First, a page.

L e m m a 1. I f I}cltz<_-1/t/2, then PN has a good extension.

Proof Suppose t h a t I[pNl[2=tlcll2<=l/(2. W e can then define sequences o f c o m p l e x n u m b e r s {b~}~=0, a n d p o l y n o m i a l s {P,}~=I as follows. L e t bN=cN; cer- tainly I b N l < l . W e observe t h a t

(pN(wl, w~,..., w~) - bN)/(1 -- Ibm[ ~) w N

is actually i n d e p e n d e n t o f wN, a n d we denote this p o l y n o m i a l b y p~_ ~ (w~, w2, . . . , w~_ 1)-


]{P~II~--Ibm] ~ < ( 1 / 2 ) - ] b N ] ~ 1 IIPN-~I[~ (l_lbNl~)2 = l _ 2 ] b N l a = - ~ -

Letting bN_I=fiN_I(O)=cN_I/(1--1bNI2), we h a v e t h a t l b ~ _ l t < l . W e t h e n let

P I V - e ( W l , W2 . . . WNJ2) -= (P/v-I(Wl, W2 . . . W N - 1 ) - - b N - 1 ) / ( 1 - (b~-lP)wN-~

a n d continue. Finally, we let bo=co/1-[~=l ( 1 - I b . l ~ ) .

N e x t we use the sequence {b,}~= o to generate a sequence {fn}~=l o f rational functions. Let

b o w~ + b~ . fl(Wl) = 1 +~lbowl '

t h e n IIf~ll~<l, because Ib01<l a n d I b l l < l . Given f n - l ( w l , w2,-..,wn-1), let wnfn_l(wa, wz, ..., wn-1)+ bn ;

fn(w , ..., w , ) = again Ilf,,[[=<l. O b s e r v e t h a t

Pl (Wl) = Cl "1- r W1

/ / . > 1 (1 -Ib.r ~) = b 1 + ( 1 - [ b l l 2 ) b o w l ,


On a theorem of Paley and the Littlewood conjecture 207 while

f l (Wa) = bl (1 + bl bo wl) - I b~ 12 bo Wl -~- bo wl 1 +~lb0Wl

= b~+(1 -[b~12)bowa [1 -blboW~+(blbowO 2-...].

Thus p l is the initial segment o f the power series o f f~. Consider the function o f two variables given by (wt, w2)~-~w2fl(wi); the initial segment o f its power series is the polynomial (wl, w2)~-~w2p~(wa). It then follows, as above, that Pe is the initial segment o f the power series o f f2, and, by induction, that PN is the initial segment o f the power series o f fN. Finally, the same analysis shows that if fN(fl)r then the nonzero terms in the sequence fl form a tail. Hence fN is a good extension o f PN, and the p r o o f o f the lemma is complete.

Much as in Section 2, we use the symbol c~ to denote an element {c(,}N=0 o f Z N+I, and the symbol z to denote an element o f T N+I. Denote the multiindex whose n-th term is equal to 1 and whose other teITns are equal to 0 by 3". Let S be the set o f all supplementary multiindices.

Theorem 4. For each sequence c = {cn}f= 0 o f complex numbers there is a tri- gonometric polynomial p on T N+I o f the f o r m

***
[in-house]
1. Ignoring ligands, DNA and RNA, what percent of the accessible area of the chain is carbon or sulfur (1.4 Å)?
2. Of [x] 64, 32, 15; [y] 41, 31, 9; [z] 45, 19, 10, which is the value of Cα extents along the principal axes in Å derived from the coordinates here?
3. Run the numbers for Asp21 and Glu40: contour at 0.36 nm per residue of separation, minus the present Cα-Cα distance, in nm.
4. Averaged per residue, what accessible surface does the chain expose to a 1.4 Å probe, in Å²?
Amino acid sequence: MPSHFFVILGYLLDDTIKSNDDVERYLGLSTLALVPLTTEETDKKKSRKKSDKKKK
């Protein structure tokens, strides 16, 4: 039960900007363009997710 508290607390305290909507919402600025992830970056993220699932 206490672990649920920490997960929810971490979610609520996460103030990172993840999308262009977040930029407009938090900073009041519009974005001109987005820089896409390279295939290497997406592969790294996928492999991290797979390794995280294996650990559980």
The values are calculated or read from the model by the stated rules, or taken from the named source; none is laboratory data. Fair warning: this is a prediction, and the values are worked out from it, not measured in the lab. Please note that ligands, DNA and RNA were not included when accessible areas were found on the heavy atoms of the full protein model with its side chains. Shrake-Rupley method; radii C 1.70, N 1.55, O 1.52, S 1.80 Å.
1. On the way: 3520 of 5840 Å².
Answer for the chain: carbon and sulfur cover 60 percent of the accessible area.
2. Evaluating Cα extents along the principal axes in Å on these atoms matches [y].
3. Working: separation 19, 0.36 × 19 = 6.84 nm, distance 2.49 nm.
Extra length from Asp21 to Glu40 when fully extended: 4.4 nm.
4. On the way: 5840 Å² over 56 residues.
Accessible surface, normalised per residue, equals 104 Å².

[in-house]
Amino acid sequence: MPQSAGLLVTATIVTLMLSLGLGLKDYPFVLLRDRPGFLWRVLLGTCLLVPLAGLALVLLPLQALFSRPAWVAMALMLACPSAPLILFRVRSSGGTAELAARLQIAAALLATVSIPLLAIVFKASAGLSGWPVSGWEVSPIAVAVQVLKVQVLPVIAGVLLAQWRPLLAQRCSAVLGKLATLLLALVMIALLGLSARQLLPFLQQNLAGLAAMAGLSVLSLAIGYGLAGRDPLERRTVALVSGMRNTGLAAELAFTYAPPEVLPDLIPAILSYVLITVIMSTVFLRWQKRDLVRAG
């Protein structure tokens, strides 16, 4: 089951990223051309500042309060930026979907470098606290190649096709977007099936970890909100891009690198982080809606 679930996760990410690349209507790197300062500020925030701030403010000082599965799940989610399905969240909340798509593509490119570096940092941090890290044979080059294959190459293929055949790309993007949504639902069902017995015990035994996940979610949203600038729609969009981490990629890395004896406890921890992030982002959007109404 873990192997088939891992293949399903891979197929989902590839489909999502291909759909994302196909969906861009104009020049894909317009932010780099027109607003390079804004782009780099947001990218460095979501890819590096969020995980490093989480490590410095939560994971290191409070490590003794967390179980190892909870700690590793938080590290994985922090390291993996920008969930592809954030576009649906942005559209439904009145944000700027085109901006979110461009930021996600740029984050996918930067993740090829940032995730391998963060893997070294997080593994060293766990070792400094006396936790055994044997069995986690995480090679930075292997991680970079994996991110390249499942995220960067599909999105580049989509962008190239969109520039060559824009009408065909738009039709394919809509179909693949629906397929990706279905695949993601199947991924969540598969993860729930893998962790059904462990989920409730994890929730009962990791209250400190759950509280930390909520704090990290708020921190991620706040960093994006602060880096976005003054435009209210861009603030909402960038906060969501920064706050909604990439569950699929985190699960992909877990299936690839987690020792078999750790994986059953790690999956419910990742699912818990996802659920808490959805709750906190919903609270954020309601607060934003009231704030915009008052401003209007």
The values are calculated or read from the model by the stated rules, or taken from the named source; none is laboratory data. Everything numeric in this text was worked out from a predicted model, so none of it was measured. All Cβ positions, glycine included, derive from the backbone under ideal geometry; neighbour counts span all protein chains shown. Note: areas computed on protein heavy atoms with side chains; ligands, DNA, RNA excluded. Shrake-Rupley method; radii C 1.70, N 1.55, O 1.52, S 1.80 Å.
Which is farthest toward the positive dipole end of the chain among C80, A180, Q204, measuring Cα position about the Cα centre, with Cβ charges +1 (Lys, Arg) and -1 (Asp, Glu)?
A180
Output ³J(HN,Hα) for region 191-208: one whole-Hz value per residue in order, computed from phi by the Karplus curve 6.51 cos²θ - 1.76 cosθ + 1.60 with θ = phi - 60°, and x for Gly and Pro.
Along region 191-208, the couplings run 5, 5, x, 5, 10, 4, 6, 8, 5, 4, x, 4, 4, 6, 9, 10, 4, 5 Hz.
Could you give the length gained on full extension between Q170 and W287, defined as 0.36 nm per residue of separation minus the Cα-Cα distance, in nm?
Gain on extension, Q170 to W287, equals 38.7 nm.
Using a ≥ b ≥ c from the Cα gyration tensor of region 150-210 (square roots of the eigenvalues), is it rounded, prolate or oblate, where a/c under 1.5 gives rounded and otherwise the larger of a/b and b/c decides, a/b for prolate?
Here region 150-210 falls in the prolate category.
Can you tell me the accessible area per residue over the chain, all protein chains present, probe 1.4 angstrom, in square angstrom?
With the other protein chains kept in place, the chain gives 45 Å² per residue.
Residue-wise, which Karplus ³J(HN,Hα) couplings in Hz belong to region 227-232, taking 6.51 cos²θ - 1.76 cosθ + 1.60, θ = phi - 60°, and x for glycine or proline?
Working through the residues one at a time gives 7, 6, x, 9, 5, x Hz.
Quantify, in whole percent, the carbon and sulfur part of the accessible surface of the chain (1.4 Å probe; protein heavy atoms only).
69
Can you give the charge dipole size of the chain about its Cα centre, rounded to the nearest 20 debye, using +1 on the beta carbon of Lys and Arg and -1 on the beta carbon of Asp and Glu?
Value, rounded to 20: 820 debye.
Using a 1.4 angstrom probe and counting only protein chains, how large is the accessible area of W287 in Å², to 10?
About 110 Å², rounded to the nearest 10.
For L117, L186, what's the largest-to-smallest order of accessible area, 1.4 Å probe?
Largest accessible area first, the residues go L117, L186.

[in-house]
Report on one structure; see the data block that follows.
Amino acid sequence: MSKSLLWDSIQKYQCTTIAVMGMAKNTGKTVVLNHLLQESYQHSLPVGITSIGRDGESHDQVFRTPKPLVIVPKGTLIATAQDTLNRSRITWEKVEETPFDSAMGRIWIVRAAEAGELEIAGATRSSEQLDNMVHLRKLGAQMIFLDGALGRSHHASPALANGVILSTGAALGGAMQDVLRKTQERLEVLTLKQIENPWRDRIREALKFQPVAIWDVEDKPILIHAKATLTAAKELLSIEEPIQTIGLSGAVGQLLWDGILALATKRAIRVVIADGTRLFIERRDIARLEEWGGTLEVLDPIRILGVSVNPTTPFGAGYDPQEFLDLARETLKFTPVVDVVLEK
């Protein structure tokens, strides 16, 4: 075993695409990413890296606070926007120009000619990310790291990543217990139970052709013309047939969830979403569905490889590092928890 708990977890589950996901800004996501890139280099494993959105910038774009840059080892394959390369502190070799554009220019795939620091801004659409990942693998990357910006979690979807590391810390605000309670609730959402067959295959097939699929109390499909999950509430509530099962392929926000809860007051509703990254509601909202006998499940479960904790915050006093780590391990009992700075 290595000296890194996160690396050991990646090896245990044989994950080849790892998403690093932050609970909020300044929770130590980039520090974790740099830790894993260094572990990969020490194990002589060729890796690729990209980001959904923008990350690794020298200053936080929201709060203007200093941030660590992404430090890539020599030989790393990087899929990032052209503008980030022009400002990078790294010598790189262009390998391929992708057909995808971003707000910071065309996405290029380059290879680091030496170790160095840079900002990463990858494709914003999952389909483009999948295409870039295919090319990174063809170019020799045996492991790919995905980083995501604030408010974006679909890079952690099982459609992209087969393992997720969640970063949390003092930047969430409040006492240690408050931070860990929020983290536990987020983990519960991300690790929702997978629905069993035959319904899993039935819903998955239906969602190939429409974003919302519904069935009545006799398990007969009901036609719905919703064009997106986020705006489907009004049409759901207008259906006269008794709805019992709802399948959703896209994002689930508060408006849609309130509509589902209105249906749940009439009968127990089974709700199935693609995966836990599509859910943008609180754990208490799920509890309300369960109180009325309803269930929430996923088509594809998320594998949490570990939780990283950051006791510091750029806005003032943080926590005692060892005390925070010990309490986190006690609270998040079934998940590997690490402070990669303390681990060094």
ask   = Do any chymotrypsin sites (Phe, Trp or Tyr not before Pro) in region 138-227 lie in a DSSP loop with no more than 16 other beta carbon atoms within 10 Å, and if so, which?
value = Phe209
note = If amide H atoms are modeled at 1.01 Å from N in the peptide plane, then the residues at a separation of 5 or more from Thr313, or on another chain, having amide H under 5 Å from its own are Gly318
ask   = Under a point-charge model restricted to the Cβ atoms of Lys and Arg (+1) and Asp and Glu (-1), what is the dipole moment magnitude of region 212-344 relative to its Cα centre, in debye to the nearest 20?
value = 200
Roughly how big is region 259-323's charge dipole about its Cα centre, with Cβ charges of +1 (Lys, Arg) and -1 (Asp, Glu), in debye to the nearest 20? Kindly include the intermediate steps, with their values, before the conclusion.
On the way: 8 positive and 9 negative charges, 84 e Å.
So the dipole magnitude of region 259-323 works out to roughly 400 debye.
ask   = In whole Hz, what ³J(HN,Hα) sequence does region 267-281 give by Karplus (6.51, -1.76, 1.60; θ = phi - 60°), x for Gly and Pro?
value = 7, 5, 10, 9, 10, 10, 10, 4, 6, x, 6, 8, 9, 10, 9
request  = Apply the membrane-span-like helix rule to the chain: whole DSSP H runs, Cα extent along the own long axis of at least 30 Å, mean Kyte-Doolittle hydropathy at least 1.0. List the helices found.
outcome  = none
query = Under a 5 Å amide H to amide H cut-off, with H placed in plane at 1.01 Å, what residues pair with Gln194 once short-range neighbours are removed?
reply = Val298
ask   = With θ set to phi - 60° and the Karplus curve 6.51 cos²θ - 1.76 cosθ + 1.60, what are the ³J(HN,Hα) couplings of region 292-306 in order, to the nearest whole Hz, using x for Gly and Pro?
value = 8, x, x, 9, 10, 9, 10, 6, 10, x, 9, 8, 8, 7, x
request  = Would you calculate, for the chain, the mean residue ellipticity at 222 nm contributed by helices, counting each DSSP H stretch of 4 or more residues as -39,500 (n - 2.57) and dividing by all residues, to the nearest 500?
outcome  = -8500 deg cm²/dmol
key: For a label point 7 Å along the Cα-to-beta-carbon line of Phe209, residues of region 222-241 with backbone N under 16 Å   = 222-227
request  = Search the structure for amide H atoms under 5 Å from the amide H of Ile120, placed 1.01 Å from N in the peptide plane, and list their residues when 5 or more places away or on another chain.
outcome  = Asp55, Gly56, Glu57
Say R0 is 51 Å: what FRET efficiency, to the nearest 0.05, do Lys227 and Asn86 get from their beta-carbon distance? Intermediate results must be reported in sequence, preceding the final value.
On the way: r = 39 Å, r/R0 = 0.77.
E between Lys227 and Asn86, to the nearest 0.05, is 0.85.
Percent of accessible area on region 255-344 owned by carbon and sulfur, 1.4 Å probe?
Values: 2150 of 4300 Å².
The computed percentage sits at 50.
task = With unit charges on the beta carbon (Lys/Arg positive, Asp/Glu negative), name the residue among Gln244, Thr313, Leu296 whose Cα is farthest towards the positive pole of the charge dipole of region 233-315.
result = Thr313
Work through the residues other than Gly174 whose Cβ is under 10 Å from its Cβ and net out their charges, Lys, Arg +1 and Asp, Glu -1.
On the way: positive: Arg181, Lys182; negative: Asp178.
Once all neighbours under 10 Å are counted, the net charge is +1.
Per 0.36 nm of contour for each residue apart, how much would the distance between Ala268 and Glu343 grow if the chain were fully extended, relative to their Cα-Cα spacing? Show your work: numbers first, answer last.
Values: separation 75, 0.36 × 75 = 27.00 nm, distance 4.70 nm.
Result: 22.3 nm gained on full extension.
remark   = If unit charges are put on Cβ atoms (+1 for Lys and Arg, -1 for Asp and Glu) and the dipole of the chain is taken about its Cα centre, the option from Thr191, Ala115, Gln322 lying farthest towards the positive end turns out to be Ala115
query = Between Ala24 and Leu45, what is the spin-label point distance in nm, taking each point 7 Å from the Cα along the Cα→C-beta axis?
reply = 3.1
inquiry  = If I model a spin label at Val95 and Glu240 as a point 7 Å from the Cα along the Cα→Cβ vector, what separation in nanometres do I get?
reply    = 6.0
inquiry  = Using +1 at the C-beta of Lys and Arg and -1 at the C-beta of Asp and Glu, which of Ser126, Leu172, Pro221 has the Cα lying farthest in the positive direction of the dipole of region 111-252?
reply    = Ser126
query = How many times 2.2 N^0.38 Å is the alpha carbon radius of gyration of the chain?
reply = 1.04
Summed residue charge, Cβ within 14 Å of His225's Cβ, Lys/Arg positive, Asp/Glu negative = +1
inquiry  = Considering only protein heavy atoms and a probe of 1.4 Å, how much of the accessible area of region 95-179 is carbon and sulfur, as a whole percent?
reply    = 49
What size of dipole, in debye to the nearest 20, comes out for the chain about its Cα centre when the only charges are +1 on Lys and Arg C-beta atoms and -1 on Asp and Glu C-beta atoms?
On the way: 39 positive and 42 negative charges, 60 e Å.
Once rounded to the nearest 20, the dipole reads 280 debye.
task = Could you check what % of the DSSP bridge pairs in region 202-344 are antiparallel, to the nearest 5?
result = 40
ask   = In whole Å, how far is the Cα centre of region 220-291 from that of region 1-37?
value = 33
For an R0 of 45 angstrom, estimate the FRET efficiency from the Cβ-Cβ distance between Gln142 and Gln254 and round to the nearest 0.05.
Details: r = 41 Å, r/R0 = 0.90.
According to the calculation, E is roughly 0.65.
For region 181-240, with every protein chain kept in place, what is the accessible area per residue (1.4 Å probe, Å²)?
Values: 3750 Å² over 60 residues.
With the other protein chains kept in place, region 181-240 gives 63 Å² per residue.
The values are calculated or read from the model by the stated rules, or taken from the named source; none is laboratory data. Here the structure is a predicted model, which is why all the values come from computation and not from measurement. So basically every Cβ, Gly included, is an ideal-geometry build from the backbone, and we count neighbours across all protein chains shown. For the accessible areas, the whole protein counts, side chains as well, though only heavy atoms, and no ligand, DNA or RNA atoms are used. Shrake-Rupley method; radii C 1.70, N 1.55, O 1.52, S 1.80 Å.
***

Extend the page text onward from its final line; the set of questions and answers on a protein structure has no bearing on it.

(6) p(z) = Z,N=0 e,z, + Z , Esfi(a)z~

with the property that ][p]]~I/-8[[cH2.

Proof. Suppose initially that ]]elf2= 1/]/2-. When 1 <=n<=N, let w , = z , _ J z , . F o r m the polynomial PN as above, and let fN be the specific good extension o f PN that was constructed in the p r o o f o f Lemma 1. Let

P ( z ) = z N "iN(W1, W2 . . . WN).

The function P is unlikely to be a trigonometric polynomial, but it has most o f the other properties that we require o f the polynomial p. First o f all,

zNPN(Wl, W2 .... , WN) = CNZN+CN-lZN-I + ... +CoZo.

M o r e generally, every nonzero term in the Fourier series o f P is o f the form ZNfN(fl)W ~, where fN(fl)r Rewriting this term as P ( e ) z ~, we have that aN= 1 --fiN, that a . = f l . + l - - f l , when 1 <=n<N, and that a 0 = f i l . Then ~ = o ~ . = 1 ; that is, a has property (i). Suppose that a begins at n~. I f nl = N, then a N = 1 by property (i); in this case, a = 6 N. I f nl < N, then fl begins at nl + 1, and since the nonzero terms in fi are positive and form a tail, f t . > 0 for all n>n~; it follows that if nl<=m<N, then z~',"=0a,=flm+l>0. Thus a has property (ii).

Moreover, any multiindex that has properties (i) and (ii) and is not equal to 6 = for some n, must also have property (iii).


208 John J. F. Fournier

We now use a Riesz product to pass to a polynomial p for which /3(a)= 0 unless ~ has property (iv). Let

R ( z ) = / / , ~ 0 [1 + - ~ (z,+~,)]. 1

Then R is a nonnegative trigonometric polynomial, [IR[ll =/~(0) = 1, and k(6") = 1/2 for all n; moreover _~(~)r if and only if ~ has property (iv). Suppose now that IIcll2= 1/2]/2, and let

c',=2c n

for all n. Use the sequence c' in place of e in the above construction t o get a function P ' . Let p be the convolution

R ~ p ' .


I[pll~ <= HUll= < 1 = ~ I[cl[2, and p has the form (6).

Finally, we indicate what to do if


1/21/2. If


= 0, let p =- 0. Otherwise, let

c'~'-=c,/(21/2 tlcli2)

for all n, and let p" be the trigonometric polynomial that we obtain by proceding as above with the sequence c" in place of c. Let p = 21/21[c[12p';

then p has the desired properties.

Proof of Theorem 3.

It suffices, by a weak-star compactness argument, to deal with the case when K is finite. In this case, let

N = K ,


{e,}n=o= {Vk}k=o,

N K and let p be the trigonometric polynomial constructed above. Let

g(O) = p (exp



(ihlO) ...



then g is a trigonometric polynomial on T with the desired properties. This comp- letes the p r o o f o f the theorem.

By using the function P in place of p, we could prove in the same way that Paley's theorem holds with C(2)=1/2 when 2=>2; in order to see that the con- stant l/2 is optimal, however, we work entirely with functions o f one complex variable. Fix a finite, increasing sequence h = {hk}~= 0 of nonnegative integers such that


for all


and such that h 0 = 0 ; define another sequence {nk}~= 1 by letting

nk=hk--hk_ 1

for all k. Later we shall need the facts that


for all k, and that

(7) rlk+l>


for all k < K;

these assertions follow immediately from our assumptions about the sequence h.

Denote by H I the space o f all functions f in L i f t ) such that f ( n ) = 0 for all n < 0 , and denote the intersection L ~ ( T ) n H I by H =. Let C be a positive constant.